The Look of the Moment

L. A. Freeway
Jerry Jeff Walker

The Look of the Moment

Self Portrait
Leonardo da Vinci

The freeway system of Los Angeles (and perhaps the smog it helps to generate) is in many ways the “face” of Los Angeles, its icon on the cultural desktop. There is of course much more to Los Angeles and much of that “much more” paints the city in much more favorable colors. Those aspects of a landscape that become iconic are not always the aspects that best represent that landscape, just the aspects that get the most attention. Still, it is something we do; we do not just name things but characterize them as well. We give them an identity that may or may not be true to their nature.

But we do not just do this with places; we do this movements, with cultures, with moments in time. How dark were the “Dark Ages”, what were the “Middle Ages” in the middle of? As freeways for some define Los Angeles, Leonardo da Vinci is, for many, the face of the Renaissance. When we think of the “Renaissance Man” the face that comes most readily to mind for many is Leonardo’s and when we call someone a Renaissance man or woman the comparison is for many to Leonardo. His face is iconic with an age and a concept.

Set of Harry Potter books, UK edition
Bloomsbury Publishing

There was an article in the Guardian last week, “Harry Potter: Icons of the decade,” that identified Harry Potter as the icon of the last ten years, the first decade of the third millennium. There have been a number of articles over the past month that pointed out that Rowling’s wizard dominated book and movie ticket sales over the years since he first appeared. Some of these articles were positive, most of them were negative, in that many critics do not think these books have literary merit. But last week’s article pointed out that the Harry Potter books appealed to readers of many generations and asserts that they made reading “children’s books” an acceptable adult practice. Many of the images of an age are literary; they come from the stories that people tell that capture the spirit of the time. And because they capture so effectively the moment that produced them they come to represent that time.

Classical Greece is personified in Homer’s epic heroes and Plato’s representation of Socrates and classical Rome in Virgil’s epic hero with bits of Ovid and Petronius thrown in as well. For Renaissance poets Virgil became the iconic epic poet that everyone else tried to imitate. Milton begins Paradise Lost with an appeal to his heavenly muse that suggests Virgil’s invocation of his muse. Virgil tells the story of The Aeneid over twelve books, Milton tells his story over twelve books. There is an irony in that both The Aeneid and Paradise Lost focus on a character that was on the losing end of a war who ventures off to a new land to start a new kingdom. Perhaps it is this similarity between Aeneas and Satan that cause some to see Satan as the hero of Paradise Lost.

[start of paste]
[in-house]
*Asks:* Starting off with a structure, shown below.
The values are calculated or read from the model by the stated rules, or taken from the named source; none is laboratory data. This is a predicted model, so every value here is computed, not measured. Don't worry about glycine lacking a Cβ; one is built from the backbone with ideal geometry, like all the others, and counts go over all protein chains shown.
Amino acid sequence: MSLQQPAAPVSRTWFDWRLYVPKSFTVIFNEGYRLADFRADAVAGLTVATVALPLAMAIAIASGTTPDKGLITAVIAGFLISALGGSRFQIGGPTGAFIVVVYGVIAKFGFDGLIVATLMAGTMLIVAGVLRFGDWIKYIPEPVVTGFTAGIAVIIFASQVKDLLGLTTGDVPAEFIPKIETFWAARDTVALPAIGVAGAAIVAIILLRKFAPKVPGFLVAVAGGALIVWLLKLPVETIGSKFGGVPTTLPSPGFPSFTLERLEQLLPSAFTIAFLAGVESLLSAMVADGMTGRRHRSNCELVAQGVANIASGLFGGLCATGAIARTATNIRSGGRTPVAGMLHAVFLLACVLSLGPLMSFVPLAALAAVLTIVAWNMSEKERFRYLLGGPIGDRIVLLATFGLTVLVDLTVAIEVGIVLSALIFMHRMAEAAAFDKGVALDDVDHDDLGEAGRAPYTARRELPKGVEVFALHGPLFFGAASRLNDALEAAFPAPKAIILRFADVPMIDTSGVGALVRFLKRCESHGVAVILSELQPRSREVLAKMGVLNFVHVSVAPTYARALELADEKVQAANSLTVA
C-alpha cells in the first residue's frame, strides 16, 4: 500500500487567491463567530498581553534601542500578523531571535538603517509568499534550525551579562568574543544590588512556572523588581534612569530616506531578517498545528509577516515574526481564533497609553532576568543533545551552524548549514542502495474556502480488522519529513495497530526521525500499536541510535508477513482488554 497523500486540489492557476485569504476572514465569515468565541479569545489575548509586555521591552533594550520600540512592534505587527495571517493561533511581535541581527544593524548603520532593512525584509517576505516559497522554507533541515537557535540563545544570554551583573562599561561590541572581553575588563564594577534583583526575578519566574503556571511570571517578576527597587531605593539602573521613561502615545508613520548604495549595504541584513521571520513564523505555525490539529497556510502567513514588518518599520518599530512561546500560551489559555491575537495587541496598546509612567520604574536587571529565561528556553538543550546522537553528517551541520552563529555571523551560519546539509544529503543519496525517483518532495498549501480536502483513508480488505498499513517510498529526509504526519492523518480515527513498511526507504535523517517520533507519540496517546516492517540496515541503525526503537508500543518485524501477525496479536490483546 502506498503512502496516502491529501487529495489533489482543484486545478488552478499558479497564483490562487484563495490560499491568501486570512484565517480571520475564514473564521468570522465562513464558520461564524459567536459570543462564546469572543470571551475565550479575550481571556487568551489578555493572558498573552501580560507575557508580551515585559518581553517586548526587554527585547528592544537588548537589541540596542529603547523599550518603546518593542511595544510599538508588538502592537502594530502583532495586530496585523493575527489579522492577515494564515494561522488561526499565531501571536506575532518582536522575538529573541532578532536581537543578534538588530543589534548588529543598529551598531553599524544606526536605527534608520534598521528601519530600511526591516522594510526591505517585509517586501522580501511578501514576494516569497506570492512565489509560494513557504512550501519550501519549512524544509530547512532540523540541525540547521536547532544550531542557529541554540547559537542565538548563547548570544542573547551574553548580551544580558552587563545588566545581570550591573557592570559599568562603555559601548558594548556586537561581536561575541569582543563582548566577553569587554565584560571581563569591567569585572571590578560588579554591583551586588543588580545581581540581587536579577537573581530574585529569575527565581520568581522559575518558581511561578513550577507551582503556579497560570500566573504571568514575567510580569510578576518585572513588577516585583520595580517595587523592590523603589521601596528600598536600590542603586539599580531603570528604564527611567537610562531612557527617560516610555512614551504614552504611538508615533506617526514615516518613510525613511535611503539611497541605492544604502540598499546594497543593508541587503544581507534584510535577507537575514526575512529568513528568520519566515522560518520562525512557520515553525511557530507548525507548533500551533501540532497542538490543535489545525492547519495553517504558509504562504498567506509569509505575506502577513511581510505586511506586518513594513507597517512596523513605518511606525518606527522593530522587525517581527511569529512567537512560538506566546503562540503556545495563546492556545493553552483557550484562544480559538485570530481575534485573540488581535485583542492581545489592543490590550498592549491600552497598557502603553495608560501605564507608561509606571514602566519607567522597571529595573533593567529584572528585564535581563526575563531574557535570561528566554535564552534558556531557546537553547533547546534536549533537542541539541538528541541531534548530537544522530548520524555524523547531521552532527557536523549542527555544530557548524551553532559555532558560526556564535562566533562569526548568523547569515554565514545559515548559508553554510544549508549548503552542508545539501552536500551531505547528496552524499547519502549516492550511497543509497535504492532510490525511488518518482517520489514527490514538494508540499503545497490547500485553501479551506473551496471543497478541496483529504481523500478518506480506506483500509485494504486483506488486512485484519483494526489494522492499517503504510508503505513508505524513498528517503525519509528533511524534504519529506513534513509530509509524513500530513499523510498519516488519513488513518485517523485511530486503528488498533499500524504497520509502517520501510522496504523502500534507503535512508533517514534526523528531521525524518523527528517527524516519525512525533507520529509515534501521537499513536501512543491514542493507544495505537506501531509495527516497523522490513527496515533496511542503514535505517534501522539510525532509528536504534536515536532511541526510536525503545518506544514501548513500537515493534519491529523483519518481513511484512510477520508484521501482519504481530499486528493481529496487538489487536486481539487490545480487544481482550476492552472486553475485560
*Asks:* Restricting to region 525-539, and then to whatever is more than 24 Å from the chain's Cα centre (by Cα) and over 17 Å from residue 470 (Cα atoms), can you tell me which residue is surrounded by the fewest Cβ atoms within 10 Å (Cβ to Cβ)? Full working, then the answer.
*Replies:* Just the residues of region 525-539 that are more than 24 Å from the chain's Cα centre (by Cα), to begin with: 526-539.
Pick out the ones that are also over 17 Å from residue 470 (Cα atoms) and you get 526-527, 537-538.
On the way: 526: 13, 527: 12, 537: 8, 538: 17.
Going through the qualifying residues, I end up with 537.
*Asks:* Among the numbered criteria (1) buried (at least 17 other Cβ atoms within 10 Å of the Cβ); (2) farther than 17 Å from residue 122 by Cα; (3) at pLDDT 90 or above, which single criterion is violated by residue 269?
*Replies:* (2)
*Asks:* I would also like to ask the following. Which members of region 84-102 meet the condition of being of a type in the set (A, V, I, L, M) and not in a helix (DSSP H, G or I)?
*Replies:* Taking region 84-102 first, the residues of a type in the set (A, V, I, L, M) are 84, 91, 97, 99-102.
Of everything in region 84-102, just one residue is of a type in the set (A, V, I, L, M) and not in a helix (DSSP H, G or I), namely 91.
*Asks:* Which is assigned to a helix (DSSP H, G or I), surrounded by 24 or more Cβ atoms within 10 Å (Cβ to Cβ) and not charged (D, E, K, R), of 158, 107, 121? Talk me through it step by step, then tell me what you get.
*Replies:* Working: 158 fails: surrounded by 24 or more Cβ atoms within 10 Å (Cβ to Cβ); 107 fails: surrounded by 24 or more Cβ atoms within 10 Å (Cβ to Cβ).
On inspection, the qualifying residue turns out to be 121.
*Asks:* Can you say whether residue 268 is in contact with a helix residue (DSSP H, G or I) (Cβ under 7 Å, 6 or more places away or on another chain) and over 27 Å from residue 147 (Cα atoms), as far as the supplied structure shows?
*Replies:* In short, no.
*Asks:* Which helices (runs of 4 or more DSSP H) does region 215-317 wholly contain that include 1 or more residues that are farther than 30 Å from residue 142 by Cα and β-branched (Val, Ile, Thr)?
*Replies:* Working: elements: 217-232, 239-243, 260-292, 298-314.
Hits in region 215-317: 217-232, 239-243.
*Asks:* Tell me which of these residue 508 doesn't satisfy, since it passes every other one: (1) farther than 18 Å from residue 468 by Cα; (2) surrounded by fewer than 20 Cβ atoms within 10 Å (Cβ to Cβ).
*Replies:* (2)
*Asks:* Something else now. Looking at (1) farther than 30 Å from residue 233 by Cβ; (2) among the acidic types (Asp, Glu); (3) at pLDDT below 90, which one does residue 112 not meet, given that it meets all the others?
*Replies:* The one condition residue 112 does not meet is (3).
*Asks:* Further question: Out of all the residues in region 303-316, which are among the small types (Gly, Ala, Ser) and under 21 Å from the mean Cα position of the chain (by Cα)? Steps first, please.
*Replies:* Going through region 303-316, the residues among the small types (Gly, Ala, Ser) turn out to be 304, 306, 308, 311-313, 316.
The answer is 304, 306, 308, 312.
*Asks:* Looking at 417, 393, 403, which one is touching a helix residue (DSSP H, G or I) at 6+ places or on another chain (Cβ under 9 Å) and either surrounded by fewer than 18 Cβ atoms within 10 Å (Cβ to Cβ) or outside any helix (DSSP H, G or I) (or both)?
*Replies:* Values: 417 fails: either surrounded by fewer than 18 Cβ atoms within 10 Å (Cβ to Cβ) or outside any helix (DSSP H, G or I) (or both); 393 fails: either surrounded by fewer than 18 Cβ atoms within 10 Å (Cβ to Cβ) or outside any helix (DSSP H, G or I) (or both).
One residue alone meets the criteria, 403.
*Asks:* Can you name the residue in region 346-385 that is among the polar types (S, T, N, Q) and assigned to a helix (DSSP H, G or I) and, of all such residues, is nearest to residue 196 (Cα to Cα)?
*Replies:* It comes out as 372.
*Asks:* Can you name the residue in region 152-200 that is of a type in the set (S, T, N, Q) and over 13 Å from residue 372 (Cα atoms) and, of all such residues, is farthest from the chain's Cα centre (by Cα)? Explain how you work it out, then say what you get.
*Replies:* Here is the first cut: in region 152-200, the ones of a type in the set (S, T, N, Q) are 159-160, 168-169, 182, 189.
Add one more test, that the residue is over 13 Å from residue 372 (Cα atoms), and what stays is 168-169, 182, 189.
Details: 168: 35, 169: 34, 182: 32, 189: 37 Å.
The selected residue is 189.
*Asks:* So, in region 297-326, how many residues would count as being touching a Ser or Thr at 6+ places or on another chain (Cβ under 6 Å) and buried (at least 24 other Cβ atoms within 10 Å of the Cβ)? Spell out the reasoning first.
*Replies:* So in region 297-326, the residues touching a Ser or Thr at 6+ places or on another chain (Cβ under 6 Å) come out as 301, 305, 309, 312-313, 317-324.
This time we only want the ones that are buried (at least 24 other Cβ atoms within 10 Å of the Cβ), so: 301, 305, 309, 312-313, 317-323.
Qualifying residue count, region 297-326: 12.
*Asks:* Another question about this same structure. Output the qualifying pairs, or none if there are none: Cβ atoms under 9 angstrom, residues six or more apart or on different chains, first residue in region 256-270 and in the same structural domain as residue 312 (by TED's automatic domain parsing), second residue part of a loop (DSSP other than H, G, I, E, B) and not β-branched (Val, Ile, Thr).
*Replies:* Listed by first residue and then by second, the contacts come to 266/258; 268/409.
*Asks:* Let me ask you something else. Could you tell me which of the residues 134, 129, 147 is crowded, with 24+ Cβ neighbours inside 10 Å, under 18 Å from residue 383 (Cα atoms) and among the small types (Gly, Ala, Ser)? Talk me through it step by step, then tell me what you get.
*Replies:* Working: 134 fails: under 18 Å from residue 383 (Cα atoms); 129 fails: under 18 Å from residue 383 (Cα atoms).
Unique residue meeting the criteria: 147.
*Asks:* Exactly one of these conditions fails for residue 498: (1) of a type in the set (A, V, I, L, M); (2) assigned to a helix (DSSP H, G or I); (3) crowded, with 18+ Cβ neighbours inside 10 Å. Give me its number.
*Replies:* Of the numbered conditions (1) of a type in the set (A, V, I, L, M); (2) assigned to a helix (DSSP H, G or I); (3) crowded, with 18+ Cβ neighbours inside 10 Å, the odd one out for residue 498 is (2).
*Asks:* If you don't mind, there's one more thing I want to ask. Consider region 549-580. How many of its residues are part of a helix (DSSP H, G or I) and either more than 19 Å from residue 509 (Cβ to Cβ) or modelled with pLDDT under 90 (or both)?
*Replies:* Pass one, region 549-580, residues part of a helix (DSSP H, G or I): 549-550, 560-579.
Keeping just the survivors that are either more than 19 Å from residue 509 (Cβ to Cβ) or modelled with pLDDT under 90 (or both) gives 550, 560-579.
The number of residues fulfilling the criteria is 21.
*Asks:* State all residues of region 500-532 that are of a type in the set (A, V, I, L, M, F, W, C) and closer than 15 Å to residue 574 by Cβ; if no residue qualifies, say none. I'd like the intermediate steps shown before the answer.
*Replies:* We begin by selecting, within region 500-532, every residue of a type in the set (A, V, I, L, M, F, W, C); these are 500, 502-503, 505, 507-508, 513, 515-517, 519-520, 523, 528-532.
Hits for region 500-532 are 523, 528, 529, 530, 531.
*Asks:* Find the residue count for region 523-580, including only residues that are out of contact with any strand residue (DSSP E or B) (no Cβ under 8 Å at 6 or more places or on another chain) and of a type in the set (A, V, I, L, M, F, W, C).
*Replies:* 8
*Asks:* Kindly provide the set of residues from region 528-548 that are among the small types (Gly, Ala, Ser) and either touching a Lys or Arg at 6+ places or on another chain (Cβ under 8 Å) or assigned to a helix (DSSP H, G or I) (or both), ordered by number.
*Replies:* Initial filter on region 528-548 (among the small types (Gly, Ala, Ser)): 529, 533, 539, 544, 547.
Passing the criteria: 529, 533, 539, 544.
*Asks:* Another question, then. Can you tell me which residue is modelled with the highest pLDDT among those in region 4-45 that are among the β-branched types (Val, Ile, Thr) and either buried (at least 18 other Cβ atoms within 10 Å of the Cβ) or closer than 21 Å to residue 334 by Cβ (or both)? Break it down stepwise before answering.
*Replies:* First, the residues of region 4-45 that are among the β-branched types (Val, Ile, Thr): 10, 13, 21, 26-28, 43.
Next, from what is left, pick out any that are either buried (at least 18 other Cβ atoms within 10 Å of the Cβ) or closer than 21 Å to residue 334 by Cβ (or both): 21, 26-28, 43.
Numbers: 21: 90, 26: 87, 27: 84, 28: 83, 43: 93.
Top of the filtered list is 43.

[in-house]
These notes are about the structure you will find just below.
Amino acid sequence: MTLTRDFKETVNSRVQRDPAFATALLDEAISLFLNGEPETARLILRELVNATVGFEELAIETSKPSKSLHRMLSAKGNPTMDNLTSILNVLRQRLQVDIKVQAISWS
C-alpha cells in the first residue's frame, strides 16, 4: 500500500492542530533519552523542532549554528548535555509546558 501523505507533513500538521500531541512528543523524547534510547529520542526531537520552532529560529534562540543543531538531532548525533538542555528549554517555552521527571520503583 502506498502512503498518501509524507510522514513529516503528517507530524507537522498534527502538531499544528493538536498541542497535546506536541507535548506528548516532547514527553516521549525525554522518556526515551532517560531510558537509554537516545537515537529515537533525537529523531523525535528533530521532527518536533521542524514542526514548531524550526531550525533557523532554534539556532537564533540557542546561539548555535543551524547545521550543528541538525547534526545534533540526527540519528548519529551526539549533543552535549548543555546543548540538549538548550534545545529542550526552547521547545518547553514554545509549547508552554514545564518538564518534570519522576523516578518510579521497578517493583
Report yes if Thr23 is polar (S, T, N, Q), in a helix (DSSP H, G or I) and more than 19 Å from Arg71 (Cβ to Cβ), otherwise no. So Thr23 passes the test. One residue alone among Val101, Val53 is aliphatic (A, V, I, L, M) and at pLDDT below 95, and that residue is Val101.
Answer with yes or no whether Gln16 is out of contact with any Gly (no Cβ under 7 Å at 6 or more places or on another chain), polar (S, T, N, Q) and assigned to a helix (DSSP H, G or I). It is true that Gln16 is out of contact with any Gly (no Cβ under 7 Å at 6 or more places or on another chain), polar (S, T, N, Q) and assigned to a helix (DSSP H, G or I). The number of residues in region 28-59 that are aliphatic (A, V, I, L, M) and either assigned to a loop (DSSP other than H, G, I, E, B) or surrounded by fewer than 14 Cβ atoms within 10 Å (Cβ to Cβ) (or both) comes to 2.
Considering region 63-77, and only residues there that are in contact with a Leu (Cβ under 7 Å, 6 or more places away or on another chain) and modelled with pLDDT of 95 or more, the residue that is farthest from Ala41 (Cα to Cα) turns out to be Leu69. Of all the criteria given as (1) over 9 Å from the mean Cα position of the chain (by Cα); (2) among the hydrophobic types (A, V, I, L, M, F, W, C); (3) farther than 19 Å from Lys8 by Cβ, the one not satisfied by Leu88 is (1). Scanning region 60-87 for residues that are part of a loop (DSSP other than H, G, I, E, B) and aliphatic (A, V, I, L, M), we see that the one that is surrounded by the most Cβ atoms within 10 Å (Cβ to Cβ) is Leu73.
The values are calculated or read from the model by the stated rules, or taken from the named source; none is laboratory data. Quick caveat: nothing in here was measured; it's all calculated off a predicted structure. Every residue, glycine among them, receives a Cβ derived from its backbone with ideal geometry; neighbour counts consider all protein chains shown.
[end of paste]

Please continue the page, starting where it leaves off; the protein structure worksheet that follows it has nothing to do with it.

King Arthur as one of the Nine Worthies, detail from the “Christian Heroes Tapestry”

King Arthur has come to represent Great Britain and its destiny. He is called, after all, the “Once and Future King” and it is part of his myth that he will one day return and restore Britain to greatness. The illustrations above and below capture aspects of Arthurian iconography. Arthur was one of the “Nine Worthies” and was at the time of Malory’s retelling of the stories already a revered character who had found his way into the storytelling of many European countries. It is interesting to me that Malory relied more on the French versions of the stories than he did on the more indigenous Welsh versions of the tales. The image below is of the Holy Grail that has become synonymous with excellence and achievement at the highest levels. And as the exclamation from Harry Potter “Merlin’s Beard” reminds us, Arthur’s wizard Merlin has become an icon of wizardry and he makes frequent reappearances in literature.

Apparition of Saint Graal